Spine Surgery Technology at Bay Medical-Sacred Heart
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April 12, 2013
Christa Dean Hild
Spinal problems cause pain in the back and neck that can then radiate to the legs or arms. Treatments such as physical therapy and injections are sometimes used, but when that doesn't work, spinal surgery can.
"My pain was very much diminished. I was much more comfortable, much more able to get up and do things without the cramping, the leg pain or the burning...it just all disappeared." says Adana Ward, who had surgery on her spine six weeks ago to correct her spinal cord compression and to correct the alignment in her spine.
Ward says, "My pain was very much diminished. I was much more comfortable, much more able to get up and do things without the cramping, the leg pain or the burning...it just all disappeared."
Neurosurgeon Dr. Cyril DeSilva explains, "When the spine is compressed, it's difficult for blood and oxygen to go to the spine, and so the nerve cells aren't getting enough oxygen or enough food. They stop working properly and they cause pain, they cause weakness, and they cause numbness."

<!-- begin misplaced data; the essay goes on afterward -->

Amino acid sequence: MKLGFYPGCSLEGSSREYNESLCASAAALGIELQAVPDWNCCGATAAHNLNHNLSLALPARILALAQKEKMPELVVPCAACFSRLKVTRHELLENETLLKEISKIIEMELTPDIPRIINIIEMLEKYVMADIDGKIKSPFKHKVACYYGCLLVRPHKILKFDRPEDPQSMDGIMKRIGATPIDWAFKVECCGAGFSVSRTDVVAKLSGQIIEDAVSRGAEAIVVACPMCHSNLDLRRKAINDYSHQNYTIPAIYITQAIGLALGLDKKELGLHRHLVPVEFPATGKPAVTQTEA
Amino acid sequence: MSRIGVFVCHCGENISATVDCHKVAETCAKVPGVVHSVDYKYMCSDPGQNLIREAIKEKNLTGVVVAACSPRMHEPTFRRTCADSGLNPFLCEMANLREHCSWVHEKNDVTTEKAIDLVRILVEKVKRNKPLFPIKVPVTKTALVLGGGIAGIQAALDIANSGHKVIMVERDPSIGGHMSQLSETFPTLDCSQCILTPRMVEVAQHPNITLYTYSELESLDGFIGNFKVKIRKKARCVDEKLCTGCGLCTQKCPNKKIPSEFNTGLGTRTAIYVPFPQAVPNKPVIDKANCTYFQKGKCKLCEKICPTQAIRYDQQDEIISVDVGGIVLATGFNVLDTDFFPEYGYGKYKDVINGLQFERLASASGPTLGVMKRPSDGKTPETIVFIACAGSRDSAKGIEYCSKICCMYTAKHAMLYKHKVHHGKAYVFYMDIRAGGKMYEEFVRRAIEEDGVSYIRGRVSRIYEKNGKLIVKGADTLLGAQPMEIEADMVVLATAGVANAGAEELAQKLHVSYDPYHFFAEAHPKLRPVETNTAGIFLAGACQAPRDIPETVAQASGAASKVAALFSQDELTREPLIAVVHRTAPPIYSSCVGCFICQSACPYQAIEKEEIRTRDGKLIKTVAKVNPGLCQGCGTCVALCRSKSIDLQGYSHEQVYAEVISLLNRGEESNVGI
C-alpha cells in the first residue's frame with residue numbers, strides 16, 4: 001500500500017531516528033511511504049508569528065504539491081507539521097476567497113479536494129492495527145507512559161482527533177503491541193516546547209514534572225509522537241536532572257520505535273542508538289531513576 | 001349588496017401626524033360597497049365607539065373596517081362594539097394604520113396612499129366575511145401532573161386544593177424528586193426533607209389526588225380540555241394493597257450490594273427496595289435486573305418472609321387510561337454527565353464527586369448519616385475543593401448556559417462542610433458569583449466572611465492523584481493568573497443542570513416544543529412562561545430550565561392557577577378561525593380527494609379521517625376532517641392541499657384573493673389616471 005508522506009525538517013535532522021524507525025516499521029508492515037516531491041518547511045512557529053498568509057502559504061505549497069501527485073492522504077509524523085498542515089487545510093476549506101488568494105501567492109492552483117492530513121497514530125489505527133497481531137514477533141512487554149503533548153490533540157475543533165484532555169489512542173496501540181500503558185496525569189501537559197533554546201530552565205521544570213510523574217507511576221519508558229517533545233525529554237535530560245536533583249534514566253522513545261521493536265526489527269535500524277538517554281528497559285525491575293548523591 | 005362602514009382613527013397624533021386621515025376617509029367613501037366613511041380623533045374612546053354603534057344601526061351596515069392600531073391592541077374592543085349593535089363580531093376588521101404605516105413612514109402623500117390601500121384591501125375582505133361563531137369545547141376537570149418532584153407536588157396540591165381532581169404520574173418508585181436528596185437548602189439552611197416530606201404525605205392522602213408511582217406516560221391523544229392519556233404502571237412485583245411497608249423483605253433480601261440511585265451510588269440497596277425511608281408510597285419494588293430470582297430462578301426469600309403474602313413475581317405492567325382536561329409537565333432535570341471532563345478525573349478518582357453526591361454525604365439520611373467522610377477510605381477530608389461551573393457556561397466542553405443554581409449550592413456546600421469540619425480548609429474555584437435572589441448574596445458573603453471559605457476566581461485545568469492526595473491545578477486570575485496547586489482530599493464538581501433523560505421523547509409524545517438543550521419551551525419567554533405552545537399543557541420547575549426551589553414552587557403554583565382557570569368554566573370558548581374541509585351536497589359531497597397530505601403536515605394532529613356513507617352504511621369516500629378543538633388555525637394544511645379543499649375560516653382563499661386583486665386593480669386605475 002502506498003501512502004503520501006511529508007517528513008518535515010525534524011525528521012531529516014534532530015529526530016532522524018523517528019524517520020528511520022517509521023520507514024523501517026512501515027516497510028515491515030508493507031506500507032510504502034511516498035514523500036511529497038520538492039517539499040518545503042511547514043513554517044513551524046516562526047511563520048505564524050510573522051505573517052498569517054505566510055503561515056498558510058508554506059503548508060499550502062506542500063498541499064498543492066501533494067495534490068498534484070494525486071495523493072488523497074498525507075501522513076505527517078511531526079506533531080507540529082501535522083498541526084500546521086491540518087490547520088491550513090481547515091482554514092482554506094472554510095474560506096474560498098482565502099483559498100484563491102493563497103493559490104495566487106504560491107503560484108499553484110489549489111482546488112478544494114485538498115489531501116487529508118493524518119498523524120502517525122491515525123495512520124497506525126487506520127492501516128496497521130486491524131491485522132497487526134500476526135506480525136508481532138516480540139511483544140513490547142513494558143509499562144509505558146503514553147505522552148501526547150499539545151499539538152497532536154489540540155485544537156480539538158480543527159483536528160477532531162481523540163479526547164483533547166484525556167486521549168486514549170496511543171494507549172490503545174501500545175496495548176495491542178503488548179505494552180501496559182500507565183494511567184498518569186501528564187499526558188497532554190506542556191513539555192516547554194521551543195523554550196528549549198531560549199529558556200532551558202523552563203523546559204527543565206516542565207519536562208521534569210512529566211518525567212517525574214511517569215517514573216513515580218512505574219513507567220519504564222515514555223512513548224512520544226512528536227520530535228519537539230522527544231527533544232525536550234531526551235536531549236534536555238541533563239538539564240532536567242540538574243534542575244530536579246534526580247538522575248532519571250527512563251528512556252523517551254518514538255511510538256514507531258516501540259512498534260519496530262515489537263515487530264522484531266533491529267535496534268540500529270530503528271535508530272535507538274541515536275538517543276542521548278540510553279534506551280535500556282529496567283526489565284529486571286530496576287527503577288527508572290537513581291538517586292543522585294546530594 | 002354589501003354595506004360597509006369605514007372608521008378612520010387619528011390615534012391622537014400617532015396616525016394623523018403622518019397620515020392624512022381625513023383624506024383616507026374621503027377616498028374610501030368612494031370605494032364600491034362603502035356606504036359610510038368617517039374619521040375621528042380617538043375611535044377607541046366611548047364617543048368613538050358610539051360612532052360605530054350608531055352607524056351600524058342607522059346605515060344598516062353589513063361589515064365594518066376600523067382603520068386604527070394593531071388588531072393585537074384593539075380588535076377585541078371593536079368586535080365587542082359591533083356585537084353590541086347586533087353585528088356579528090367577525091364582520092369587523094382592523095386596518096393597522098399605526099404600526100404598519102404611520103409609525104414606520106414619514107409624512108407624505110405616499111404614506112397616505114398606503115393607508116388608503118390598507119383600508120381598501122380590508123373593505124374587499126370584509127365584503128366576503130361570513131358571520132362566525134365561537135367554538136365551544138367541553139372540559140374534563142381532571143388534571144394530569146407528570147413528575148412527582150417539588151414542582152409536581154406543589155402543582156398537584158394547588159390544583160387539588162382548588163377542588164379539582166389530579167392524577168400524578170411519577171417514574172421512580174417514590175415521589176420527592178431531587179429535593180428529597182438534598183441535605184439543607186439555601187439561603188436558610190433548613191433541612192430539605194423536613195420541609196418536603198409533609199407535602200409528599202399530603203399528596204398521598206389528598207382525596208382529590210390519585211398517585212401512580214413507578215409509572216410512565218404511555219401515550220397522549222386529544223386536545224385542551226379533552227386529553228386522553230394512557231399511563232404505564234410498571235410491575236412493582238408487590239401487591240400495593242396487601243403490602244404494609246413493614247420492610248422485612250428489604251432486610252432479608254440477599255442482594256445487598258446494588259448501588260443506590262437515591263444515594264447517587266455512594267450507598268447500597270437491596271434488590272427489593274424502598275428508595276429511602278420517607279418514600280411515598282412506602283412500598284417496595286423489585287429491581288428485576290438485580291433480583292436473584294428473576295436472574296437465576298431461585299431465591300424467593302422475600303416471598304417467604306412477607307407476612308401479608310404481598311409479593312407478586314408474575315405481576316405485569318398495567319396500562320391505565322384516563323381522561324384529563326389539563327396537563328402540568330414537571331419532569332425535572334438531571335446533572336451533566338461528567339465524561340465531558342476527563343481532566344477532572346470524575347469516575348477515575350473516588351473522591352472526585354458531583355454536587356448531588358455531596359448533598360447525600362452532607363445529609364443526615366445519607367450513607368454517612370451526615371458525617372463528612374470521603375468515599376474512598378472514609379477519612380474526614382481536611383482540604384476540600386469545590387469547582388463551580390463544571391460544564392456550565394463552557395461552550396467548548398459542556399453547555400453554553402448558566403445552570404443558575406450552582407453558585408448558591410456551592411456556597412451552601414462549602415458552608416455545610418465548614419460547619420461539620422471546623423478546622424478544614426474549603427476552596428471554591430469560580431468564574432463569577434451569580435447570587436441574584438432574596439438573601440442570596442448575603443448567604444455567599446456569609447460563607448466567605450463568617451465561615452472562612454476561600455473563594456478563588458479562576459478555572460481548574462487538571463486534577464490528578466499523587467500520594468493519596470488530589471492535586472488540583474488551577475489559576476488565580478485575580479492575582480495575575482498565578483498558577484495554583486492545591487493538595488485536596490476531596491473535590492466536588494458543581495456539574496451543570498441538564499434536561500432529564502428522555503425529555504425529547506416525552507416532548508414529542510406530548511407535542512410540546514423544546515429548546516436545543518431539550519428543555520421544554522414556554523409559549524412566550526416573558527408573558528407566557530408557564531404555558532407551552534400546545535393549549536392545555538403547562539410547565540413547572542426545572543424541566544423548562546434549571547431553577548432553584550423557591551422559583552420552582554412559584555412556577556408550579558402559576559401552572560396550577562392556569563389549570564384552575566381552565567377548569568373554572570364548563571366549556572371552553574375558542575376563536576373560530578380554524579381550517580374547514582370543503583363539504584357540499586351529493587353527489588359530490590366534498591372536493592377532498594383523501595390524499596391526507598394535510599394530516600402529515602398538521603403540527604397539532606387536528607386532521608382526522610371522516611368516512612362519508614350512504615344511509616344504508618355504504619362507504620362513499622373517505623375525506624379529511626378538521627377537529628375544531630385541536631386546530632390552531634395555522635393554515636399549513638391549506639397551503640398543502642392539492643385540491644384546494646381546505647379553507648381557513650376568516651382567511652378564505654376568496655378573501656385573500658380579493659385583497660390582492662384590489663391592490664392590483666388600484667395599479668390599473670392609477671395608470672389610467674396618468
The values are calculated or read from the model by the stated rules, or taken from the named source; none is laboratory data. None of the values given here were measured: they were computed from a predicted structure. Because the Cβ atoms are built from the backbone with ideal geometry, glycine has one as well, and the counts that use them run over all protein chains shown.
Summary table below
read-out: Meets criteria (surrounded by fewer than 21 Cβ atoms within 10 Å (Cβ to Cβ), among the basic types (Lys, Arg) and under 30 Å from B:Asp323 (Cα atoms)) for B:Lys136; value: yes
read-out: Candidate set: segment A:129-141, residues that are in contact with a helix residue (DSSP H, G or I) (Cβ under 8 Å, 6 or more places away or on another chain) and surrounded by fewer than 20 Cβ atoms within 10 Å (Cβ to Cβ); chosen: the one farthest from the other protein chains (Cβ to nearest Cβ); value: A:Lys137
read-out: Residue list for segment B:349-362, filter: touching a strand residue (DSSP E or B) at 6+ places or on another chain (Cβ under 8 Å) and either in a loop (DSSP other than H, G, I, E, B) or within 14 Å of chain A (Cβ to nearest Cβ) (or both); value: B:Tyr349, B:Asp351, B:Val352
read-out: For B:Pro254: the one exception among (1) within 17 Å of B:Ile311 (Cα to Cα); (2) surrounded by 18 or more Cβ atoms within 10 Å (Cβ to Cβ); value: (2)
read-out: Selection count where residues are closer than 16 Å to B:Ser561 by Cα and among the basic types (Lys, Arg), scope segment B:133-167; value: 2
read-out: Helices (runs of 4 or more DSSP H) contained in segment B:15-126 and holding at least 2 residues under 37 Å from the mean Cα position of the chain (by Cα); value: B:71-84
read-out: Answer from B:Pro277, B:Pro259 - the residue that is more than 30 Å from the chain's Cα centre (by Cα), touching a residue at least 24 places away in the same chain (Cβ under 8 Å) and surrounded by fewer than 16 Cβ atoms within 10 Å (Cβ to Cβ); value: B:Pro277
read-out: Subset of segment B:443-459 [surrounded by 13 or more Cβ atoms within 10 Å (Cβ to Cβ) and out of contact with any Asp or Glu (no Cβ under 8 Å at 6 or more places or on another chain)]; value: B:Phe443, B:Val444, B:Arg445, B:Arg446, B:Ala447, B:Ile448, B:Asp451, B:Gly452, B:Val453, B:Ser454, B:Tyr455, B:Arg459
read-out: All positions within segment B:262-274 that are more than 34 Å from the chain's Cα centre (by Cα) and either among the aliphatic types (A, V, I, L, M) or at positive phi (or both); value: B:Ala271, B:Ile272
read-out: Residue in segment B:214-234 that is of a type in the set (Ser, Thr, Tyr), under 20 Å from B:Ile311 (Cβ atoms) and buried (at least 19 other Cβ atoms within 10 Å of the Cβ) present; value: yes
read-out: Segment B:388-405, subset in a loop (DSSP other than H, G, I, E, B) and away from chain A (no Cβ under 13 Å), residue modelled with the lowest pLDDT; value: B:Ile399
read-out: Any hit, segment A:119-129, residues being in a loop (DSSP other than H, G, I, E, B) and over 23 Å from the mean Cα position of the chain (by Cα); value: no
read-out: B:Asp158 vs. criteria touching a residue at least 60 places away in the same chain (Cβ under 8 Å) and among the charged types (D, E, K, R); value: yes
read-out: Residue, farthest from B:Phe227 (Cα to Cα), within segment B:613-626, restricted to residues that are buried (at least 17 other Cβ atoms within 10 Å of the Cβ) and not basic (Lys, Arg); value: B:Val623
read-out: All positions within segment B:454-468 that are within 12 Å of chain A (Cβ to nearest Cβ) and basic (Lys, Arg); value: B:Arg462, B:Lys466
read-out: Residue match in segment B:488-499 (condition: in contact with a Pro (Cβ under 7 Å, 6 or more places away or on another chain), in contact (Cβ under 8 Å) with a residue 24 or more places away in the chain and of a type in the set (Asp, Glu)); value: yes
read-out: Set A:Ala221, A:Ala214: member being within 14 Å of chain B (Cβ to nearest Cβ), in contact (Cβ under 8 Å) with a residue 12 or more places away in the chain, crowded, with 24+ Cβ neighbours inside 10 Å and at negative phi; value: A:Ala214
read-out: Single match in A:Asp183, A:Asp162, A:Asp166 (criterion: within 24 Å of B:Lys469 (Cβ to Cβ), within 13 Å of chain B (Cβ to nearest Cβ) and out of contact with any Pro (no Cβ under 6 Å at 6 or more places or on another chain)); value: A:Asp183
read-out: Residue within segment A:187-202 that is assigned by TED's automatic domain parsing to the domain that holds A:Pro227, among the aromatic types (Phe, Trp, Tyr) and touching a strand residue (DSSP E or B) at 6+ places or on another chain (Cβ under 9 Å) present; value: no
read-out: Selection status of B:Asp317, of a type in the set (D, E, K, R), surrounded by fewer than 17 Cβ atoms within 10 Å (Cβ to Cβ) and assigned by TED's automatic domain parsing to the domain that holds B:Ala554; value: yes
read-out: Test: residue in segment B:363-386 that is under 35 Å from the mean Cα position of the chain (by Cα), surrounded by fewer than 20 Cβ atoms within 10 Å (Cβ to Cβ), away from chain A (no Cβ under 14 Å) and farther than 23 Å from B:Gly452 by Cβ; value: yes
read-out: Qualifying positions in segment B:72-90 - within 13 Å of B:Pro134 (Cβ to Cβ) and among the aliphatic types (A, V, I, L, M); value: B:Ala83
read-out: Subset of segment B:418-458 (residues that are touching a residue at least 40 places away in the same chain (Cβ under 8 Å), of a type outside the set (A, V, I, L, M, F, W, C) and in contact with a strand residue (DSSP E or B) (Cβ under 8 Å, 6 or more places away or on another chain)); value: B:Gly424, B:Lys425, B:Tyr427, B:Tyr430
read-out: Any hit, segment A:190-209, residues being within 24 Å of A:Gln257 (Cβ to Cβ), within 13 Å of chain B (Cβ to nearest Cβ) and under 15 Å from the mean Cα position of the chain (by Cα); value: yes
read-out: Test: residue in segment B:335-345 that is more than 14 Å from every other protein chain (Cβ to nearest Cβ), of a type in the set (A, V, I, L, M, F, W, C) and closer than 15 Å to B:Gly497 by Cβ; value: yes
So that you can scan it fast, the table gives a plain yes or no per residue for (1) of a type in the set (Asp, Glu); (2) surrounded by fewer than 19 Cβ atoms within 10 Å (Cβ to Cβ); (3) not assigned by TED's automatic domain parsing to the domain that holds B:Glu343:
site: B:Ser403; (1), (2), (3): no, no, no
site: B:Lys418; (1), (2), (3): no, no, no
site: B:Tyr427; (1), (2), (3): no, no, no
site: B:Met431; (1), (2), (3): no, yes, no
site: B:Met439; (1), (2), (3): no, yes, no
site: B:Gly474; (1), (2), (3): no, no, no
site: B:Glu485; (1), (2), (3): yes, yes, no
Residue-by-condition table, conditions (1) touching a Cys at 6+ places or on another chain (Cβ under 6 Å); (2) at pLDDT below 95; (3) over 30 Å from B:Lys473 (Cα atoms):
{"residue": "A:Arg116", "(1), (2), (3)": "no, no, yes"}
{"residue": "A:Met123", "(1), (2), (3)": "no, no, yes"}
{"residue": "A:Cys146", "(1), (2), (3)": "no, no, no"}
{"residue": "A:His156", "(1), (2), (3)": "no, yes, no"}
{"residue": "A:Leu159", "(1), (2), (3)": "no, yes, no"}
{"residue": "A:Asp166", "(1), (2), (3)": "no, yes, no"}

Dr. DeSilva says spine surgery is a lot more advanced now. He says at one time, only x-rays were used to view the spine issues. "We now have at Bay Medical Center two intraoperative imaging systems, which are CT scanners present in the operating room, with a computer. So we can operate in 3 dimensions," says Dr. DeSilva. He says that makes surgery safer.
Ward says the pain "was nowhere near what I anticipated or expected...Even the day after surgery, I was up on my own."
Dr. DeSilva says some spinal issues can be corrected with a minimally invasive surgery and smaller incisions. Ward's problem was so severe, she did have to have what's known as an open surgery with a larger incision.